Johann Eck

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Dr. Johann Maier von Eck (November 13, 1486 – February 13, 1543) was a German theologian and defender of Catholicism during the Protestant Reformation. It was Eck who argued that the beliefs of Martin Luther and Jan Hus were similar.



Johann Eck was born Johann Maier at Eck (later Egg, near Memmingen, c. 70 km miles south of Augsburg) in Swabia, and derived his additional surname from his birthplace, which he himself, after 1505, always modified into Eckius or Eccius, i.e. "of Eck." His father, Michael Maier, was a peasant and bailiff, or Amtmann, of the village. The boy's education was undertaken by his uncle, Martin Maier, parish priest at Rottenburg on the river Neckar.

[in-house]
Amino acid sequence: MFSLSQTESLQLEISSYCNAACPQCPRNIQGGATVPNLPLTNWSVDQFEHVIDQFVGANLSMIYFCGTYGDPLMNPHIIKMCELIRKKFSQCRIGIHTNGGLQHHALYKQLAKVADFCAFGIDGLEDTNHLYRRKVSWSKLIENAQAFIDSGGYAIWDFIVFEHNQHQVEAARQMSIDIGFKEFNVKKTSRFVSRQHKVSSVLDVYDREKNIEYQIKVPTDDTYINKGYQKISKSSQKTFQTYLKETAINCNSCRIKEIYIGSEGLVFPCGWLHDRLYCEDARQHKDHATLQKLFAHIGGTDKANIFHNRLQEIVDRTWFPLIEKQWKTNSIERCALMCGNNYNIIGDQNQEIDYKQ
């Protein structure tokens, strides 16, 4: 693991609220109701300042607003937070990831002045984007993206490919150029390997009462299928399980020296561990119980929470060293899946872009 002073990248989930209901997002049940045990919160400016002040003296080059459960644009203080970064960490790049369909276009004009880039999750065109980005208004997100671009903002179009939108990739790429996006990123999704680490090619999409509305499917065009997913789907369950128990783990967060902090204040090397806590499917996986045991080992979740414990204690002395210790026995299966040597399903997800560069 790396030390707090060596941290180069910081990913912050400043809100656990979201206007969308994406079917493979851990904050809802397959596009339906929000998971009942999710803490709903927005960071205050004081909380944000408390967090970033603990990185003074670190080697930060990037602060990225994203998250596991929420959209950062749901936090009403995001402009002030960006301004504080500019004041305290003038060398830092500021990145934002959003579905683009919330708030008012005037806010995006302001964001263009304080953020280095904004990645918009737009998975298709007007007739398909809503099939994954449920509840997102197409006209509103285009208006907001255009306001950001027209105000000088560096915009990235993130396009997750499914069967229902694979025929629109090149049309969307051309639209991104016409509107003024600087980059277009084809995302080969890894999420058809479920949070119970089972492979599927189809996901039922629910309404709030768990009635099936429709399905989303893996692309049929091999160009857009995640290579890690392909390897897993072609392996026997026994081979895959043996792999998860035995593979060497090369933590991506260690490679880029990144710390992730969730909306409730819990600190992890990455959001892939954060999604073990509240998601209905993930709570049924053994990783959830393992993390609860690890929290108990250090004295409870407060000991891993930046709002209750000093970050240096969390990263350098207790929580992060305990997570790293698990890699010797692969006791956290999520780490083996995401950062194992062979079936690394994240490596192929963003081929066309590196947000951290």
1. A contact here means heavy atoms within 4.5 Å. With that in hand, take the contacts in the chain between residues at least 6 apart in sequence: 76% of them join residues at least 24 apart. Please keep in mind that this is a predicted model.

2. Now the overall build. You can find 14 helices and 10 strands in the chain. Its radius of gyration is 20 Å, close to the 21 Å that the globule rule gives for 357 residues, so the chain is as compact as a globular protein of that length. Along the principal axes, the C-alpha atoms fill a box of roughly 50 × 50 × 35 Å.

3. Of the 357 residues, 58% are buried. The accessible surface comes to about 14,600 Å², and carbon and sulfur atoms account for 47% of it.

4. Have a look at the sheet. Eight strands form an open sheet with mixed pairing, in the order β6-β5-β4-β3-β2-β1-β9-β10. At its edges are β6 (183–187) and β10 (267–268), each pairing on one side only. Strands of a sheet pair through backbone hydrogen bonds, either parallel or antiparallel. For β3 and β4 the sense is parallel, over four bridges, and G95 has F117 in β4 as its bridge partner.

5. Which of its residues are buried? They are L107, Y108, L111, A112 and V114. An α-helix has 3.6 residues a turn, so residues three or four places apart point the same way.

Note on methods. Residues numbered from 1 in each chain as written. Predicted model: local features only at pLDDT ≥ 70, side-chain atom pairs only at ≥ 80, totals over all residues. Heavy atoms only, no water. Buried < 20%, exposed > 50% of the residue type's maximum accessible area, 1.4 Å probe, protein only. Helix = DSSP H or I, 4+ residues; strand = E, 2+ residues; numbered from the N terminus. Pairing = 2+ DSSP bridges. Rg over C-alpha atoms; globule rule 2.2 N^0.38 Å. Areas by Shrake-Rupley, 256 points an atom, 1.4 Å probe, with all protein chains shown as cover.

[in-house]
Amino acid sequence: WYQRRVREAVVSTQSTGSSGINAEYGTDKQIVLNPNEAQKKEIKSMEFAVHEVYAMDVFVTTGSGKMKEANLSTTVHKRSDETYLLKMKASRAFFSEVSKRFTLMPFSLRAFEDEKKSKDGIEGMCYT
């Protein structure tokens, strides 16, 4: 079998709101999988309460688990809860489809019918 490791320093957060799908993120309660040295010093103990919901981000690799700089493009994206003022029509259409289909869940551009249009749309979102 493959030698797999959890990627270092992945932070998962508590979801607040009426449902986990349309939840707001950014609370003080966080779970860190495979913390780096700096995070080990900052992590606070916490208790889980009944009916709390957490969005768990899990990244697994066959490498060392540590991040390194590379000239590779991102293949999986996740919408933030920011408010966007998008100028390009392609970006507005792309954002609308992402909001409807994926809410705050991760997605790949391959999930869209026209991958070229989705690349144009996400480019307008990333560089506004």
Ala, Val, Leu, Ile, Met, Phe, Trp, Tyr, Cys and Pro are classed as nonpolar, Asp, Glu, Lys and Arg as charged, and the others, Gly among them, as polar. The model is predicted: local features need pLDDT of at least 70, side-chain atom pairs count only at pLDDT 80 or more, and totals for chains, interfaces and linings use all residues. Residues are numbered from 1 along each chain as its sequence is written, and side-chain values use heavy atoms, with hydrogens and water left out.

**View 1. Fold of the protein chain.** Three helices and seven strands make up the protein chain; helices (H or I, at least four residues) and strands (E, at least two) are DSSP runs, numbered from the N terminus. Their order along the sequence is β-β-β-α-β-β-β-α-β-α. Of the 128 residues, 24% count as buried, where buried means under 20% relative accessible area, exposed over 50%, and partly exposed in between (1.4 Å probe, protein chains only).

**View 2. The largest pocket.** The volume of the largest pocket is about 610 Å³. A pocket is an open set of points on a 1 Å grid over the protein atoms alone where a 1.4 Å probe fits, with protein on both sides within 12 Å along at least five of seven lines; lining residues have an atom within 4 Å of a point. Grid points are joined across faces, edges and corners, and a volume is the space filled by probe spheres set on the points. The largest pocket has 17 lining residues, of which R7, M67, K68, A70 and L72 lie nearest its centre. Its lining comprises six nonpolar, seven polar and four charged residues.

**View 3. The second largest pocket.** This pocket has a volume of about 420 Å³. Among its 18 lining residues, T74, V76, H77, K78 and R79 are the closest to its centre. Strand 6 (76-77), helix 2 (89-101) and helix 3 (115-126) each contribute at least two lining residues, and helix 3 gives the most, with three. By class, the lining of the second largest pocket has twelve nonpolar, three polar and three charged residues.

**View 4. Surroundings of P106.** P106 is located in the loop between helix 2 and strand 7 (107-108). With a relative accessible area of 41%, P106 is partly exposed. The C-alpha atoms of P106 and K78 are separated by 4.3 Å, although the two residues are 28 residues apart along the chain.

At the age of twelve he entered the University of Heidelberg, which he left in the following year for Tübingen. After taking his master's degree in 1501, he began the study of theology under Johann Jakob Lempp, and studied the elements of Hebrew and political economy with Konrad Summenhart. He left Tübingen in 1501 on account of the plague and after a year at Cologne finally settled at Freiburg University, at first as a student of theology and law and later as a successful teacher where he was mentor to the prominent Anabaptist leader of Waldshut and Nikolsburg, Balthasar Hubmaier, and later retaining this relationship during their move to the University of Ingolstadt. In 1508 he entered the priesthood in Strasbourg and two years later obtained his doctorate in theology.

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